Discharge can signal a point of major relief for an individual who has dealt with major life events that have resulted in unexpected financial stress. In many cases, creditors have used ruthless tactics in an effort to obtain payments, making personal bankruptcy a choice that is expected to stop harassment. Discharge may be viewed with great anticipation in this case, and a consumer can expect this to occur approximately four months after a Chapter 7 bankruptcy filing is completed.
Another type of bankruptcy may be considered if one does not meet the financial requirements for Chapter 7. In Chapter 13, a repayment plan is followed for up to five years before remaining debt is discharged. However, this should provide relief from harassment. Chapter 13 may be preferred for a variety of reasons even if an individual is eligible for Chapter 7. There may be assets that an individual prefers to keep rather than liquidate. It is also helpful to recognize that Chapter 13 only stays on one’s credit report for seven years whereas a Chapter 7 remains for 10 years.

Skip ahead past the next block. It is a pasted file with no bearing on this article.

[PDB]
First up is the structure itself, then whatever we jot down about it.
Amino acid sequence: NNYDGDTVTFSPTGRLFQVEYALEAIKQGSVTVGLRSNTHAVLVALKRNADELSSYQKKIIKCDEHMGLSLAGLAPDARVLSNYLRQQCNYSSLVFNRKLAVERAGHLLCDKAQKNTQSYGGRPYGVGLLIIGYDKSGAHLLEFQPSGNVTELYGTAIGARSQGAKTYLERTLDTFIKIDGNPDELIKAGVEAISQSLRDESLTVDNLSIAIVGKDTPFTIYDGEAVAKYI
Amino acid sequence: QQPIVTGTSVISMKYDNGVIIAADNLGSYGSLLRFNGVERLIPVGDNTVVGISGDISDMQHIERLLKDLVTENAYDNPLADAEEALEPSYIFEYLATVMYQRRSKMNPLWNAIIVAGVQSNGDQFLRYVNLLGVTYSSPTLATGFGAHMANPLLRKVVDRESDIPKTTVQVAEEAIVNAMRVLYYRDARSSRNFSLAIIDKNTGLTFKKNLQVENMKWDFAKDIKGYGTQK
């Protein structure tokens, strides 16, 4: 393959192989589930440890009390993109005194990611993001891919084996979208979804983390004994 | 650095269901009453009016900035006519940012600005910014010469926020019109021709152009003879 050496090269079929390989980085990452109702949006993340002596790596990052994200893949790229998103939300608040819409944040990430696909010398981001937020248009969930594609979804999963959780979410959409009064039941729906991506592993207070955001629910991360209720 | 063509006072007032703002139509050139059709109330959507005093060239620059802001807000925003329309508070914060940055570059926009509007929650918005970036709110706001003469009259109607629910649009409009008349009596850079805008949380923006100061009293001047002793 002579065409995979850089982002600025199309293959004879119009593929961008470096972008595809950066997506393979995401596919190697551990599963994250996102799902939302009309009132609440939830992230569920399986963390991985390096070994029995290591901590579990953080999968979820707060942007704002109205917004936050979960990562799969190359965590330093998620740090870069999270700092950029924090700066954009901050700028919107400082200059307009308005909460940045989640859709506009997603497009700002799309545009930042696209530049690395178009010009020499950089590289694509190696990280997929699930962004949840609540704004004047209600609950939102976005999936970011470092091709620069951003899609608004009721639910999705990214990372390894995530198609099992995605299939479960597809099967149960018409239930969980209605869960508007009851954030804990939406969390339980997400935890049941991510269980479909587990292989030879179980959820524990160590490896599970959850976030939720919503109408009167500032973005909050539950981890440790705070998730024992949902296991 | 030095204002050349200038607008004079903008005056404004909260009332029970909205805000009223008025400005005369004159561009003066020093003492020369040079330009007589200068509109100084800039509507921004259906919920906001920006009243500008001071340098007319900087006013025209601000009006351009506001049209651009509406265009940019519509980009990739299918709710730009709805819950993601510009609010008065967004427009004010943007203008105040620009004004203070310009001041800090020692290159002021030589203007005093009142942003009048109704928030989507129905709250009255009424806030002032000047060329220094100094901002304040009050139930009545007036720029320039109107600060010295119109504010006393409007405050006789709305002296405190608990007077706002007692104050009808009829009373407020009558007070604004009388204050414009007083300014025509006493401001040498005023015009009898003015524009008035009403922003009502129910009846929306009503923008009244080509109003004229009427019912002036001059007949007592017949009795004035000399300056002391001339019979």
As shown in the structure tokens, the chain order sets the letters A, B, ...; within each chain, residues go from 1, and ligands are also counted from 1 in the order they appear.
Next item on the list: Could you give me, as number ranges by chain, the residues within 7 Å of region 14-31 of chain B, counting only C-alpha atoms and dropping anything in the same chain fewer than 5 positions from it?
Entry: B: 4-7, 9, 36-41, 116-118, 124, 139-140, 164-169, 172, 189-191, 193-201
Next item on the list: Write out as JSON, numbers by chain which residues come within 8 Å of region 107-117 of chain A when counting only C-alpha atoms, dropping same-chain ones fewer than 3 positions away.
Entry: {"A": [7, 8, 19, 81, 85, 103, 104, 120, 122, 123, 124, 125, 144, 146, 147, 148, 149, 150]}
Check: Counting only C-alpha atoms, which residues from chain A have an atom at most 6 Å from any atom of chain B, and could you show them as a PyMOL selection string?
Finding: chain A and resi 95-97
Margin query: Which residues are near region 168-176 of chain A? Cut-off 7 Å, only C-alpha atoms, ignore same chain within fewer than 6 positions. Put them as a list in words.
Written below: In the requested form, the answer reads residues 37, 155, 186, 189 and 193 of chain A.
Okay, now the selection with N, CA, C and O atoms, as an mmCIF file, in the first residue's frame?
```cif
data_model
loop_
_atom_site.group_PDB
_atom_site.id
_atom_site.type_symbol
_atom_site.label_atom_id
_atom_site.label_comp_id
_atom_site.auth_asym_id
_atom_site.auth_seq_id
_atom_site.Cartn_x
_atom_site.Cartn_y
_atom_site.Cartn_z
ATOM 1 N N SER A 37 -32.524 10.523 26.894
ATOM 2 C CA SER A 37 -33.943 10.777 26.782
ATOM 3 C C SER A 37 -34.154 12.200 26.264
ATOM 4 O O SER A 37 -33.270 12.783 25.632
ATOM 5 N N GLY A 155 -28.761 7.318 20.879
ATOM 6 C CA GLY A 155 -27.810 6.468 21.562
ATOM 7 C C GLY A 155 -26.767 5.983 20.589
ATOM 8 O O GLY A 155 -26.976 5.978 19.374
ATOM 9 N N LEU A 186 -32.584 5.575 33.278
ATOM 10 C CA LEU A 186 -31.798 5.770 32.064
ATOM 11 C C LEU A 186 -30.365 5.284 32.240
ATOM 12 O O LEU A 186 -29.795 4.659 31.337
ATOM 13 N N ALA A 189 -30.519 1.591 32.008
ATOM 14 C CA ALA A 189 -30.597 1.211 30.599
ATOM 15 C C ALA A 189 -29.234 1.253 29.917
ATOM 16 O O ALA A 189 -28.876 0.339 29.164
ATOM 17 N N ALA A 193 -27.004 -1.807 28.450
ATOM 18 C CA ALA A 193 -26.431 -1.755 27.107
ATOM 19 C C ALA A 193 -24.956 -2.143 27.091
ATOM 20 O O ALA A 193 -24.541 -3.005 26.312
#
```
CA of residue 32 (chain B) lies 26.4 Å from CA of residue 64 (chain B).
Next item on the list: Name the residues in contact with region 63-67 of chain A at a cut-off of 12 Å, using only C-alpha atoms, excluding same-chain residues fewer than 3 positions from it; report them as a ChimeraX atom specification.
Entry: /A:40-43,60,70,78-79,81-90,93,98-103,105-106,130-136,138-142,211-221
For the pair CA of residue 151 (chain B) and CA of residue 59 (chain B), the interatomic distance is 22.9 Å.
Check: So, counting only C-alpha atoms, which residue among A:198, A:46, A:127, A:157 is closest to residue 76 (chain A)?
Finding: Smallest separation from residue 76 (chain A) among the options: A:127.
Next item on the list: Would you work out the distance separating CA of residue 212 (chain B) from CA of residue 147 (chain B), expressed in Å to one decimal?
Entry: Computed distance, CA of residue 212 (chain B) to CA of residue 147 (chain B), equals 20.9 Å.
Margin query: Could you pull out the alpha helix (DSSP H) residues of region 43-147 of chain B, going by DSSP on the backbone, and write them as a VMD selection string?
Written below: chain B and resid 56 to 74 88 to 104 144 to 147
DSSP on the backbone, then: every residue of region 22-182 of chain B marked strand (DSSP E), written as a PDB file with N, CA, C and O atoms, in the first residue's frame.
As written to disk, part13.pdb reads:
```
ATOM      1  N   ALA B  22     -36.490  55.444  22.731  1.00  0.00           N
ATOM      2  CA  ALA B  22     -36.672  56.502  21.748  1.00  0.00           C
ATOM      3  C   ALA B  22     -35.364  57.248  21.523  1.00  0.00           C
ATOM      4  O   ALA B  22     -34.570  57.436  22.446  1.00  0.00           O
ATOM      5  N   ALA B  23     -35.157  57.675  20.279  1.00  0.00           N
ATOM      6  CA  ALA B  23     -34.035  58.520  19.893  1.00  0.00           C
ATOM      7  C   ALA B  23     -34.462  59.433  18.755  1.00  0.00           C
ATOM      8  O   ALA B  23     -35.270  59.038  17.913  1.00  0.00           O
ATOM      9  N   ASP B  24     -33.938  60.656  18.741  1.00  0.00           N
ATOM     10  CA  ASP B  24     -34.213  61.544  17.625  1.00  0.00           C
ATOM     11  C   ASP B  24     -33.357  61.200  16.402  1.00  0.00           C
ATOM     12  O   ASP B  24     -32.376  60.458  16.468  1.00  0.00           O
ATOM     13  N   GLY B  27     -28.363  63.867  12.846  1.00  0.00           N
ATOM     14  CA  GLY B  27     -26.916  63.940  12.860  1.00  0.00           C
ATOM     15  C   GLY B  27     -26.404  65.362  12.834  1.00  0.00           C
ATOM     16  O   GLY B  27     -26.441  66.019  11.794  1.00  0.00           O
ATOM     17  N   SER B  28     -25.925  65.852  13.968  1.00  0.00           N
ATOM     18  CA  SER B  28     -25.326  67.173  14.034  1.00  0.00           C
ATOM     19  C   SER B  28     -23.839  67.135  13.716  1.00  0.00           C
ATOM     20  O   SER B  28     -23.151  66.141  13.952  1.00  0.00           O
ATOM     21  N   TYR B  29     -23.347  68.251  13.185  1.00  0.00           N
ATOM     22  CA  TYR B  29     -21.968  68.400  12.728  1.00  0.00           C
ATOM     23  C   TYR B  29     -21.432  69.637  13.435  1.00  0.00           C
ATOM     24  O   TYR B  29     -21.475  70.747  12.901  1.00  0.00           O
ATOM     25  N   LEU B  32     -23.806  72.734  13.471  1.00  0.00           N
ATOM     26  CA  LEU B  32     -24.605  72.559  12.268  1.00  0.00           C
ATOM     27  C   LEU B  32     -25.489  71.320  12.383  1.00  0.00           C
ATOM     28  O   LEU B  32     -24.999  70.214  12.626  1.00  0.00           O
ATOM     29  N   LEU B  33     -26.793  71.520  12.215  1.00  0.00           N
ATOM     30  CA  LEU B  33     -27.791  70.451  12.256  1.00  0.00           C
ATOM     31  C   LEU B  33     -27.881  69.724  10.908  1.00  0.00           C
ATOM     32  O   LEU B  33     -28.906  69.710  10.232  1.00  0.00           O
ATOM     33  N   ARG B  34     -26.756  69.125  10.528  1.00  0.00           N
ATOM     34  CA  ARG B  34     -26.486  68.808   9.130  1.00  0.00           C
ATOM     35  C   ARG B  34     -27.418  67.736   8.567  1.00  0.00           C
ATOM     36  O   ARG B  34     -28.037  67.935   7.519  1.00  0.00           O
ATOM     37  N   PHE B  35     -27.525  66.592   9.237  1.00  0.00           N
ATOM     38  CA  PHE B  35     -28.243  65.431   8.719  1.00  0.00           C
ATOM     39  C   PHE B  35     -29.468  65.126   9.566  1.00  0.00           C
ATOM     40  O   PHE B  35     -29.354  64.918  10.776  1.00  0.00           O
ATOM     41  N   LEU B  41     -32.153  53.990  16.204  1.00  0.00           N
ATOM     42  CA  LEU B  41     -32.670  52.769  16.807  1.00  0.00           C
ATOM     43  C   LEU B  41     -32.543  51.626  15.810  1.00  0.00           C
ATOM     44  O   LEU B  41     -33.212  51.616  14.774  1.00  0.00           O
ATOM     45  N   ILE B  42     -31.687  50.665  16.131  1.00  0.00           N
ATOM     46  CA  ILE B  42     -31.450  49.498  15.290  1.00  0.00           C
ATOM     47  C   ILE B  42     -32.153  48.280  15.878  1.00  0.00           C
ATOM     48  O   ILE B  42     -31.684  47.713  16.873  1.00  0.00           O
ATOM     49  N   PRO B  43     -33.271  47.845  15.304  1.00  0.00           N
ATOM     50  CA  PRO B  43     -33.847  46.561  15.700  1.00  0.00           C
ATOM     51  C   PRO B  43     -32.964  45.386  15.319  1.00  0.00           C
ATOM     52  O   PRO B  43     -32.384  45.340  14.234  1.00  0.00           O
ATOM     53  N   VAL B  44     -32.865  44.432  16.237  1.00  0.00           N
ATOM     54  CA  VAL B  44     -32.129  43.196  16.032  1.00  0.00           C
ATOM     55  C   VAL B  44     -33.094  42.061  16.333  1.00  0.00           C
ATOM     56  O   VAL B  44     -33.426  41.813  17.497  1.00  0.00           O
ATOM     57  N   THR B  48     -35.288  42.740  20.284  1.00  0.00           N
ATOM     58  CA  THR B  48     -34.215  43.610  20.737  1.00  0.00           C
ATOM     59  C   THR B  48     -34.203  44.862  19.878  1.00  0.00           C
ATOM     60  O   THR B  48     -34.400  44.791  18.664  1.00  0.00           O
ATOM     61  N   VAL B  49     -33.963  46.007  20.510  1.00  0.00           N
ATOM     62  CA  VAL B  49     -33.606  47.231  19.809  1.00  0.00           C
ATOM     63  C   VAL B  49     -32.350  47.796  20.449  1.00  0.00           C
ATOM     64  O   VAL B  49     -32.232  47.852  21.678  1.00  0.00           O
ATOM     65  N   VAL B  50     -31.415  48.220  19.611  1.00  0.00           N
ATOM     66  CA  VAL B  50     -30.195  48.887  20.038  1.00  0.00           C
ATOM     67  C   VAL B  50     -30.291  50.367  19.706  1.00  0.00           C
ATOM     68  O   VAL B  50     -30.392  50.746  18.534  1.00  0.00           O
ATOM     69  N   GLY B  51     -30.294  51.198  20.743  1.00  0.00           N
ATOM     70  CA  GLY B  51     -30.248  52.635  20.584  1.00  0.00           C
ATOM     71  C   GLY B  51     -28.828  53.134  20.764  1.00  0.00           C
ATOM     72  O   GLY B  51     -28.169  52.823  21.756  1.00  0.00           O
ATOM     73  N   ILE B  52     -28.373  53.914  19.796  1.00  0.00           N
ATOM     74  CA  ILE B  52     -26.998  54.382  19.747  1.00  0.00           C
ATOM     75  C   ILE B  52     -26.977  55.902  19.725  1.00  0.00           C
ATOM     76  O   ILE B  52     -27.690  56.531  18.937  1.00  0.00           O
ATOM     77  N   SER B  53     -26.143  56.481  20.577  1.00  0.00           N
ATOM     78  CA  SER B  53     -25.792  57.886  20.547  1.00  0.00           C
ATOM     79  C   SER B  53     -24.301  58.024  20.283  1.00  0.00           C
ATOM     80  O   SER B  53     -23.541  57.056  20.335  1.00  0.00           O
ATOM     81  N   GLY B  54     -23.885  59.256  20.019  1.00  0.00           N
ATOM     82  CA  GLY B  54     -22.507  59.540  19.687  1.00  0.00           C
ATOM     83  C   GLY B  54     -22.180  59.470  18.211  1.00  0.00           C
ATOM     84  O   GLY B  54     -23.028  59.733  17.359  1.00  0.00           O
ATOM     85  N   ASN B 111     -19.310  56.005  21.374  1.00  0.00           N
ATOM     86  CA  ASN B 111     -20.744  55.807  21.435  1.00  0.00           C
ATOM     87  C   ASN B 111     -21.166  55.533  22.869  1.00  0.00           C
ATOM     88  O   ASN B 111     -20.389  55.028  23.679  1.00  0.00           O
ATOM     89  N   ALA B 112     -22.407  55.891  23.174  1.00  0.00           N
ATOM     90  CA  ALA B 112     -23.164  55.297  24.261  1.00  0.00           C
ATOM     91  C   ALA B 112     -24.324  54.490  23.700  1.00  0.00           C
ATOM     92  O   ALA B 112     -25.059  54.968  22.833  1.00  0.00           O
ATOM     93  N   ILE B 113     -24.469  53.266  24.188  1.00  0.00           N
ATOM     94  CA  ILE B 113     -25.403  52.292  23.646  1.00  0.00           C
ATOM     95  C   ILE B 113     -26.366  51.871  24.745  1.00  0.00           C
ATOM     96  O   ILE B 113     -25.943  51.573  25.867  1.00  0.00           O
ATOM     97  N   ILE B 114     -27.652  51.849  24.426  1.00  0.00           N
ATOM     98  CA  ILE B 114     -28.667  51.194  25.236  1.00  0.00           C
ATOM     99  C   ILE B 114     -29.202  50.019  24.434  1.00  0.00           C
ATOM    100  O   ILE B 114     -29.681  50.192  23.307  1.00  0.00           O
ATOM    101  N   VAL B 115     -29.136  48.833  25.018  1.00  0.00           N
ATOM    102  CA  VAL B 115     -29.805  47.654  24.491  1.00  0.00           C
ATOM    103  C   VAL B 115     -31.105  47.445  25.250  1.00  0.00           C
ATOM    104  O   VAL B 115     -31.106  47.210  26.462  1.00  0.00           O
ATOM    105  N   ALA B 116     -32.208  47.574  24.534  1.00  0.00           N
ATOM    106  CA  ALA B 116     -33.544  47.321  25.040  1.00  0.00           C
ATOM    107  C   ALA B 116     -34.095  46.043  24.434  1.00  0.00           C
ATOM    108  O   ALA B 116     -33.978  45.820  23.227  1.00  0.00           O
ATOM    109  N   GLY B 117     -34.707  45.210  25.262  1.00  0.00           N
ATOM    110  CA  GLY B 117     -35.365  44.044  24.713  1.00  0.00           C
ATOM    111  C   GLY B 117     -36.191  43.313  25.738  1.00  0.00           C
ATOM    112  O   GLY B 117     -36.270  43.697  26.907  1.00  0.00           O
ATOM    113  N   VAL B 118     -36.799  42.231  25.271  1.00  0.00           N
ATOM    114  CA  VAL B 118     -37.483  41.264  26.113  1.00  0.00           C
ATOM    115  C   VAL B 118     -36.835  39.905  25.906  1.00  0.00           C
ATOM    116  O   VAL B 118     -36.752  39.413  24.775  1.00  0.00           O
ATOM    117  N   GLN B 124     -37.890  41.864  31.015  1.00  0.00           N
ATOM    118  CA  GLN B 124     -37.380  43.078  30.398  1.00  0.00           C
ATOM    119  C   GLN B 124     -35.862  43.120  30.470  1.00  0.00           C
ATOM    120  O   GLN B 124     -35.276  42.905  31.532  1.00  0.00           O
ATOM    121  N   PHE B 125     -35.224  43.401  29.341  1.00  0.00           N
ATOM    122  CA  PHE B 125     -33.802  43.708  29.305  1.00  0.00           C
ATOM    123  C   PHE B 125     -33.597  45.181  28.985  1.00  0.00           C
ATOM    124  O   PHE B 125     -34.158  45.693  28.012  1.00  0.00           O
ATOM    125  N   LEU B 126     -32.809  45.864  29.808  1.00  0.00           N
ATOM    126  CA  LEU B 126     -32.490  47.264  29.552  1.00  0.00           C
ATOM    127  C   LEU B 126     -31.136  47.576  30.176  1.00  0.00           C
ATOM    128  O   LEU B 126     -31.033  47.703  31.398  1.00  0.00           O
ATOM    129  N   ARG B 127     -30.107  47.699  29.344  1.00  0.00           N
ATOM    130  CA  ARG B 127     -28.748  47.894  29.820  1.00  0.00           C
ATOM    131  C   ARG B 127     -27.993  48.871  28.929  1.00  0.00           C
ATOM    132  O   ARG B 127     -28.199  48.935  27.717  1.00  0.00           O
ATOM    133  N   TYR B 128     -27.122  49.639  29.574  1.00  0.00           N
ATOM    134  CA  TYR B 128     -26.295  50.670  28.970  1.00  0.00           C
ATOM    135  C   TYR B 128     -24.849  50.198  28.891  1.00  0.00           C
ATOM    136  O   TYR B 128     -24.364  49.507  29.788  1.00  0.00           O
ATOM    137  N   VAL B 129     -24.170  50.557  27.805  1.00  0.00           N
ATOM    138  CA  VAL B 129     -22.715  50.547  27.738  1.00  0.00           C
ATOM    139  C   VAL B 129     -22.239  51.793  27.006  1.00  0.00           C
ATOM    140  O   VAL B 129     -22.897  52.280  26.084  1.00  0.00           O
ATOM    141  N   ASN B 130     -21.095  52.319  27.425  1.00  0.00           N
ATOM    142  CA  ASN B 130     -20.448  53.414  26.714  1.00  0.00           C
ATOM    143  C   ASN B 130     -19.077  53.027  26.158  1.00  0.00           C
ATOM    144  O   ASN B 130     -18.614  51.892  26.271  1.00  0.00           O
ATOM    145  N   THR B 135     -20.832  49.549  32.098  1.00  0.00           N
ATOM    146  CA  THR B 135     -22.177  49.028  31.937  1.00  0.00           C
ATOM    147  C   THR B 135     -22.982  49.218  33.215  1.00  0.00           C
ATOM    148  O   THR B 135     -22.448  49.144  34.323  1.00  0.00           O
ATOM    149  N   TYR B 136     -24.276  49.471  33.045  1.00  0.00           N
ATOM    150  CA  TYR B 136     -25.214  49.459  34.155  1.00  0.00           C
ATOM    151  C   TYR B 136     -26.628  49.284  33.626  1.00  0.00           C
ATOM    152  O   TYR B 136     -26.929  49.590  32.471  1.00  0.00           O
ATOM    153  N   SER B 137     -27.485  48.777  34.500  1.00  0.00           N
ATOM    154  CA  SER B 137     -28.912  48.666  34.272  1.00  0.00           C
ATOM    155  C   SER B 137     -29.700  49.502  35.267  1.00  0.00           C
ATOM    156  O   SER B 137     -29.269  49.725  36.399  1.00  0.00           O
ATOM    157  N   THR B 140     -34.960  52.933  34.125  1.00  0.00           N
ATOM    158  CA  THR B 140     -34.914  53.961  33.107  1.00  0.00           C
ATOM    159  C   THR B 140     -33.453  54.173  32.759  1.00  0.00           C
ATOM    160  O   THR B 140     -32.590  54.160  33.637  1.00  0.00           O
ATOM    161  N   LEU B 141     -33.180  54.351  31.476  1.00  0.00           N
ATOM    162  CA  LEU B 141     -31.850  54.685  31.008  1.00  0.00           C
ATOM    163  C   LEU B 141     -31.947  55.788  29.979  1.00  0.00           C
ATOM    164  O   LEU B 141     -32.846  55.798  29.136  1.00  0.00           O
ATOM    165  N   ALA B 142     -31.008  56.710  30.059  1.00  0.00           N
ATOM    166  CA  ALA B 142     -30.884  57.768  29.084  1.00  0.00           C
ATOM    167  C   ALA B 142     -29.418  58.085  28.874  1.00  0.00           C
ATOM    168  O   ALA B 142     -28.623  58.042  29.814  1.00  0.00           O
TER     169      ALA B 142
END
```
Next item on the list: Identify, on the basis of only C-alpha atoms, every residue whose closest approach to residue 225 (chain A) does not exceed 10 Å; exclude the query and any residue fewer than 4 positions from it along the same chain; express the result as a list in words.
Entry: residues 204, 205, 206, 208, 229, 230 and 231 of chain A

While entering into bankruptcy is typically a last resort for someone who has tried to keep up with payments, it may be wise to meet with a lawyer prior to filing. Errors in a bankruptcy may have an impact at a later date, especially if a creditor’s information has been left out or incorrectly provided. Debts might survive a bankruptcy if errors are made during the filing process.
An individual who is experiencing financial distress may want to meet with a bankruptcy lawyer prior to reaching an extreme state of trouble to explore preemptive options for avoiding a bankruptcy and discharge. This may also simplify the filing process if records have been provided during these preliminary meetings.
Source: Fox Business, “When is a Bankruptcy Officially Discharged?”, Erica Sandberg, August 04, 2014